A life of service is a way of being. The more one serves, the more one’s life is enriched. It is a choice to serve, not a requirement or a duty. A life of service is a choice to share for the benefit of others, to give without any expectation of receiving anything in return. It’s a decision that invariably builds relationships, creating opportunities to learn and to grow.
Tom and Donna Kerr, residents of Friendship Village of Columbus, a senior living community managed by United Church Homes, have been dedicated to serving others in one form or another for nearly six decades.
Donna’s career as a teacher spanned many changes over 30 years. She was always most excited when her students experienced a breakthrough moment — when an idea or concept suddenly became clear and crystalized. As someone whose mother and sister were also teachers, Donna aspired to encourage each student to reach his or her potential. The bigger the challenge, the more she loved it.
Donna served on numerous boards once she and Tom settled in the Columbus area, including the Women’s Service Board of Grant Medical Center, focusing on volunteering and fund-raising. She has served the American Association of University Women at the state level, working to empower women as individuals and as a community. Donna also served on the board of the Center of Science and Industry (COSI), as president of the Women’s Auxiliary, and was active in organizations like the Girl Scouts and her church.
If she was involved, she was all-in, engaged, serving others with heart, ideas, integrity and enthusiasm. It no doubt meant a hectic, taxing schedule for a mother of three and the wife of the president of Otterbein University.
Dr. Tom Kerr began his Otterbein career in 1963 as an assistant history professor. He was active on faculty committees and served as academic dean for a few months. In 1971, Tom became one of the youngest college presidents in the nation, after being selected from among 117 other candidates. At the time, Westerville was a small town of 12,000 people located outside the Interstate 270 outerbelt, separated from the urban center by miles of farm fields sprouting with corn. He hoped to help Otterbein become more engaged in the fast-growing, emerging Columbus community.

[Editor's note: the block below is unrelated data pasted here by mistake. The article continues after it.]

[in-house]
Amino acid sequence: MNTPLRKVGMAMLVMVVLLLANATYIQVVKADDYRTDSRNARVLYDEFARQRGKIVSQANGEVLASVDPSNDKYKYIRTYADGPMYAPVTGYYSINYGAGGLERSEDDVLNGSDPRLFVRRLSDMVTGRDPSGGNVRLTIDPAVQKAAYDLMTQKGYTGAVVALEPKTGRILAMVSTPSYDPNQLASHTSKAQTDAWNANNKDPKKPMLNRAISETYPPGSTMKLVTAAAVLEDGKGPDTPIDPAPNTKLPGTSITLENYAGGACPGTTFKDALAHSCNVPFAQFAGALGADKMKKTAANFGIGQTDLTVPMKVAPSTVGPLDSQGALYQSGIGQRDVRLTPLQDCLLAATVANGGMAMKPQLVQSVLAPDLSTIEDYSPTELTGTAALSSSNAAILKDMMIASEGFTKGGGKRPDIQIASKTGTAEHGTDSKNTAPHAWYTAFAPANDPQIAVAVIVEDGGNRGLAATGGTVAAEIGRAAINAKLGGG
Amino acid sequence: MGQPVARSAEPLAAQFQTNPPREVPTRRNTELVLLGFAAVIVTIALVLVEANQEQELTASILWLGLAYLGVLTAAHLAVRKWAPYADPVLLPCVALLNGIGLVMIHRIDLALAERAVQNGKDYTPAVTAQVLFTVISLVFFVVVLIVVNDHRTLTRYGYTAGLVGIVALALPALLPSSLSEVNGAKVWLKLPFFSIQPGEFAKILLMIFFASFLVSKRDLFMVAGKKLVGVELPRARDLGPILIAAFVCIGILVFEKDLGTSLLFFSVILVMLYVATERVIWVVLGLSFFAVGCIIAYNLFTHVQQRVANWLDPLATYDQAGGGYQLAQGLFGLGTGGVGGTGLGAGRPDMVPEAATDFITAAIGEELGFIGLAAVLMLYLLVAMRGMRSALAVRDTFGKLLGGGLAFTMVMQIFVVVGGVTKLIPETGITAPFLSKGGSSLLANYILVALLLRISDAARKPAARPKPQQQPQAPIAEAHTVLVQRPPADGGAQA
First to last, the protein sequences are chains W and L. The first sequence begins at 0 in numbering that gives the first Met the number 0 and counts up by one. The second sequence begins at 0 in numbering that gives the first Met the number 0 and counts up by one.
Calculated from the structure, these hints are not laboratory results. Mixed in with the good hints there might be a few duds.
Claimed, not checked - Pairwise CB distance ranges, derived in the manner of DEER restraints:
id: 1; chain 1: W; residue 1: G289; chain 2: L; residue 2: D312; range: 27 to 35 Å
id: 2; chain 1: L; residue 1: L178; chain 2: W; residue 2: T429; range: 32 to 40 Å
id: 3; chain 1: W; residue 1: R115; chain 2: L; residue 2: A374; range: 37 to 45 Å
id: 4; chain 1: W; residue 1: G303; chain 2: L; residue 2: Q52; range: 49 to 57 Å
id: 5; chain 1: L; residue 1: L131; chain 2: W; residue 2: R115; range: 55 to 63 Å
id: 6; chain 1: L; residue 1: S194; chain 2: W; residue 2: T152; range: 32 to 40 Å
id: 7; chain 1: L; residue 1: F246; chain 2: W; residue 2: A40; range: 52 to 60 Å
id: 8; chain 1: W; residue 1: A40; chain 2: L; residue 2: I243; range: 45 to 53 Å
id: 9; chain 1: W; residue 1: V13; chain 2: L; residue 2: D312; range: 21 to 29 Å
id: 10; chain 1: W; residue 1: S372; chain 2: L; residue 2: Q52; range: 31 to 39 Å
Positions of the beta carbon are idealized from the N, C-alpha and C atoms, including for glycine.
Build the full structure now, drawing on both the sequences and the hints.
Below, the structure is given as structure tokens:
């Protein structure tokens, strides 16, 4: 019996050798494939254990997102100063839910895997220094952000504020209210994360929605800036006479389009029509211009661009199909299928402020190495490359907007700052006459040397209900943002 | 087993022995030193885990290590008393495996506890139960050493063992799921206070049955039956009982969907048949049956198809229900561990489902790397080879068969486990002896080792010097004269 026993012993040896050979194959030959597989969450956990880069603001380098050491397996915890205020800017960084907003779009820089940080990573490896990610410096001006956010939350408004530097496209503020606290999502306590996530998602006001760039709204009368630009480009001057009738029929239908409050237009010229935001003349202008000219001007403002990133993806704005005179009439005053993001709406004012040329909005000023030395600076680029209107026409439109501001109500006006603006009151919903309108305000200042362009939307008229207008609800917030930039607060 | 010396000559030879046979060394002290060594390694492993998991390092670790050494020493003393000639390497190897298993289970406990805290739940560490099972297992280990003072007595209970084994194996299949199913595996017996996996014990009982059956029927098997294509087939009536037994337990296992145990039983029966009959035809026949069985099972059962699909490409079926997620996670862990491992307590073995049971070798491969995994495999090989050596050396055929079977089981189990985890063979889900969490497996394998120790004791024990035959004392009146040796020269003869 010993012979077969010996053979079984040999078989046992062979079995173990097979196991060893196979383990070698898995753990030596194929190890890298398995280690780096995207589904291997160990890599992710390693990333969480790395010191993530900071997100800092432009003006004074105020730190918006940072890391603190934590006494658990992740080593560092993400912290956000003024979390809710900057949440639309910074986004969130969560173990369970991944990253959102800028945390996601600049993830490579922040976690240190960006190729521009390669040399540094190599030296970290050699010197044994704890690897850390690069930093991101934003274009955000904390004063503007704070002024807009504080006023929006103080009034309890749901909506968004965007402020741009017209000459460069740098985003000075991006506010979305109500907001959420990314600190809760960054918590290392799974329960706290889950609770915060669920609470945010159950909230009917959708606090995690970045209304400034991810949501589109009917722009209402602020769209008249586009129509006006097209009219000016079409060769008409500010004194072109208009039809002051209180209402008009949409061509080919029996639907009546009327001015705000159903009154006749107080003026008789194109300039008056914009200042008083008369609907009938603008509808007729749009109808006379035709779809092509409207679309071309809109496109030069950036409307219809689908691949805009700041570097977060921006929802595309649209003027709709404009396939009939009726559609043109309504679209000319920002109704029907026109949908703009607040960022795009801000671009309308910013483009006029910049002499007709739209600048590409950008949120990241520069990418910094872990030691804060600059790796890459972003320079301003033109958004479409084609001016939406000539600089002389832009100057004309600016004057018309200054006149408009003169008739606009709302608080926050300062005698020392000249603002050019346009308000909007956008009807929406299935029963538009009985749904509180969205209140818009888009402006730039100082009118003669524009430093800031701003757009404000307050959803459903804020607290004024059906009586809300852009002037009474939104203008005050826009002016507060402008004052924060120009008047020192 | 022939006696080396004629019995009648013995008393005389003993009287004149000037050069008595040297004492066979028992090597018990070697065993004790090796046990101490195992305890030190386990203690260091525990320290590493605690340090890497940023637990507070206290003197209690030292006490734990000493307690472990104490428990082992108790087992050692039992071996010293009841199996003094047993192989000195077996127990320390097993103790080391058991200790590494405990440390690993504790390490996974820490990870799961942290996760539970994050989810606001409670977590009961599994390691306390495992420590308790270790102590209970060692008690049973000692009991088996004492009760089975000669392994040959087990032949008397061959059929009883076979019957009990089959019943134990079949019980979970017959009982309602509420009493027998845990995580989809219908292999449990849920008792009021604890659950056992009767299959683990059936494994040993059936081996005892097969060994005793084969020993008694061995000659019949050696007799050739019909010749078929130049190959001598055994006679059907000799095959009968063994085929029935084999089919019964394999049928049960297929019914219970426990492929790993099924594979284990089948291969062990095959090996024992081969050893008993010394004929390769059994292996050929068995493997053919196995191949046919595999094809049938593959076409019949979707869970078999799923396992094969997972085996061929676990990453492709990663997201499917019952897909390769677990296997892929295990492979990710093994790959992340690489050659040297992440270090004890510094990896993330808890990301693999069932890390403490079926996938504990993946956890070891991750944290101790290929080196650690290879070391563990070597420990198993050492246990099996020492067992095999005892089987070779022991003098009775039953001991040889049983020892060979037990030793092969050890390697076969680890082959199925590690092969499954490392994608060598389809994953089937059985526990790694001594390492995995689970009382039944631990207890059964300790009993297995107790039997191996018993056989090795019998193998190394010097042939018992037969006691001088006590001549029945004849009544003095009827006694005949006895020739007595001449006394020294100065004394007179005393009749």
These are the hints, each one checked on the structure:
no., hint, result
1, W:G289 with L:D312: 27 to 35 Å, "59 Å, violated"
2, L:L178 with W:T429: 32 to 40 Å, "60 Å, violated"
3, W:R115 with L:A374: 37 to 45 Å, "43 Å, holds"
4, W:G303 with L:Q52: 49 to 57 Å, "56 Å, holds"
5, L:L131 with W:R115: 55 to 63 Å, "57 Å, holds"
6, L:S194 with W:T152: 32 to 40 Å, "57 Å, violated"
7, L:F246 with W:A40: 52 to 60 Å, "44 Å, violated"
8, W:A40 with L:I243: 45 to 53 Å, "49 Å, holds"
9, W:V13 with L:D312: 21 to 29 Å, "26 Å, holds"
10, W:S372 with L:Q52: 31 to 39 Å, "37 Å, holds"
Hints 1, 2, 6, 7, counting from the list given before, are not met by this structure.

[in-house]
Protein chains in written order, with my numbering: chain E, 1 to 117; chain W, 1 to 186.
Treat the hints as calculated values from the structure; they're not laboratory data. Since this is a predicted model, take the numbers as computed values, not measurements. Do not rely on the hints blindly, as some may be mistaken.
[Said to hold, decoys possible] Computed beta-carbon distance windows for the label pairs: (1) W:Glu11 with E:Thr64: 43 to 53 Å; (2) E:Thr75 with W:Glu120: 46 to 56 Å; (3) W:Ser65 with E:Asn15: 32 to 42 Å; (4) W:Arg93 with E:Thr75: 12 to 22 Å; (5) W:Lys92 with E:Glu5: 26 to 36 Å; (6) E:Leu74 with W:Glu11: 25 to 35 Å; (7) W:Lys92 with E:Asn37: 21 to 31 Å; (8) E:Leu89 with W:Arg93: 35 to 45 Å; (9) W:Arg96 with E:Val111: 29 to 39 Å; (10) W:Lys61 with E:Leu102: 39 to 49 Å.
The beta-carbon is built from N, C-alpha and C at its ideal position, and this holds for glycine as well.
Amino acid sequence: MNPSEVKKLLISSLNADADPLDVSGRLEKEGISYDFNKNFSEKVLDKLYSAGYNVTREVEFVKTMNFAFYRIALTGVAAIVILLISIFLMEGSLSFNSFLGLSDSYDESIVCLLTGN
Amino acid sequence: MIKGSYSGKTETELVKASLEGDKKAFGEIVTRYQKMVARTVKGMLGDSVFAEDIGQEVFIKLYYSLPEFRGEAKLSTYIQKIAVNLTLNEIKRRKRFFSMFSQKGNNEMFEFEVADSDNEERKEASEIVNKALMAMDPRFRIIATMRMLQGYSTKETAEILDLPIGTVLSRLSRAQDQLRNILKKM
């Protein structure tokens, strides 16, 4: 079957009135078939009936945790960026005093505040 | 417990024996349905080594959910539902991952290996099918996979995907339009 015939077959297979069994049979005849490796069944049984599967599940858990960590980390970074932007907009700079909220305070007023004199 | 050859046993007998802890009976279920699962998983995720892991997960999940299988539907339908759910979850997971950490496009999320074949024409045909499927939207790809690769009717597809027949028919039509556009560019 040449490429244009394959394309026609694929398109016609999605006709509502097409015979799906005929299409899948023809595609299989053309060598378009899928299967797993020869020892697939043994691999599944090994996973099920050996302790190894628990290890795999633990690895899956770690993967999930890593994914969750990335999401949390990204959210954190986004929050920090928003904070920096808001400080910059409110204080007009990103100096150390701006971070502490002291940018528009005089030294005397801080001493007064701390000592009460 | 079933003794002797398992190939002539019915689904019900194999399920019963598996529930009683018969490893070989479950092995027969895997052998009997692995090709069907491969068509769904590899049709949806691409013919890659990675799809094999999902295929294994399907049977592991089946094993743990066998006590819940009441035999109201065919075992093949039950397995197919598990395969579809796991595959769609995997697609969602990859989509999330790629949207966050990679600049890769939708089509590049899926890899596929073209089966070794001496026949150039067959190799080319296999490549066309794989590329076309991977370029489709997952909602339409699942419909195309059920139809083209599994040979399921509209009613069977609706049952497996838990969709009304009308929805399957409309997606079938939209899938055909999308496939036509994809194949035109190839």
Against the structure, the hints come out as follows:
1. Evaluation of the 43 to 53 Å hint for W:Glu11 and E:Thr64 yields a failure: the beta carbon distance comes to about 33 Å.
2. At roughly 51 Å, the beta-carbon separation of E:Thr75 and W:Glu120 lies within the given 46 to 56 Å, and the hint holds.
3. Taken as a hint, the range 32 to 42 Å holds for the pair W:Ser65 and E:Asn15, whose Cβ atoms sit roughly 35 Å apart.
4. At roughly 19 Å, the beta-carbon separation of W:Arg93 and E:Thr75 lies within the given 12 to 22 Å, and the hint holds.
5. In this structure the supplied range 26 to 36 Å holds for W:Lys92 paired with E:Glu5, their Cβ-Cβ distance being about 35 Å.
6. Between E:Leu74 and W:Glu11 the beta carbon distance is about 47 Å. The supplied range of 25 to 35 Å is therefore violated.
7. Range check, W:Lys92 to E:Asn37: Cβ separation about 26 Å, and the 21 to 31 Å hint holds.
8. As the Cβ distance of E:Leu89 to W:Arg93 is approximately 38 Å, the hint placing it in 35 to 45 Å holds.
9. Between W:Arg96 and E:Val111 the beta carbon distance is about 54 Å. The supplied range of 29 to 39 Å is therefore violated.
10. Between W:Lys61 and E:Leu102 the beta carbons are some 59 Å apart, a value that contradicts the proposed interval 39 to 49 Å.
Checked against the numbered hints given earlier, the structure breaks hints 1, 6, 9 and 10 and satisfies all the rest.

Tom was known as a “builder of ideas.” He helped Otterbein students become better connected to Grant Medical Center with the nursing program, and Battelle Memorial Institute with the computer science program. Otterbein opened its equine science studies program and became nationally renowned for its theatre arts and musical theatre programs. Adult learners were also included, beneficiaries of an integrative studies curriculum.“ I tried to make ideas shape opportunities,” he said. “I felt it was important to lay out long-range goals. I didn’t have great ideas by myself. The ideas were embraced by creative people at Otterbein, who were forward-thinkers and stewards for change.”
He served 13 years as Otterbein’s president, opting for a career change at age 50 and leaving a legacy of having created multiple new opportunities for students. Under his leadership, Otterbein became the first university in the United States to have both students and faculty participate in their own governance as permanent, voting members on its board of trustees.
He left the university with increased enrollment, new buildings, new programs and substantially greater endowment support. Tom claims none of these accomplishments as his own. He gives credit to his predecessors and successors. He simply leveraged his position to make positive changes for the institution.
Tom says none of these achievements would have been possible without Donna. She was always his inspiration, his sounding board, his partner. Donna says that being married to Tom made her life richer in so many respects, connecting her to the community to serve in ways she could never imagine. Their lives were rewarding because they were so supportive of one another, and faithfully gave their time and talents where and when it was needed.
“We wanted our children to learn how to have respect for themselves and give to others,” said Donna. The legacy to their family was to serve God and the community. Their children are a direct reflection of their servant leadership, as two served our country in the Navy.
Tom and Donna are in good company at Friendship Village. The spirit of community, friendliness, the abiding sense of service, and a host of other Otterbein alumni, faculty and friends make it an attractive place to stay connected and keep serving the university. They live with integrity and compassion, always serving and expecting nothing in return. They’re enjoying their retirement living, and doing so with purpose.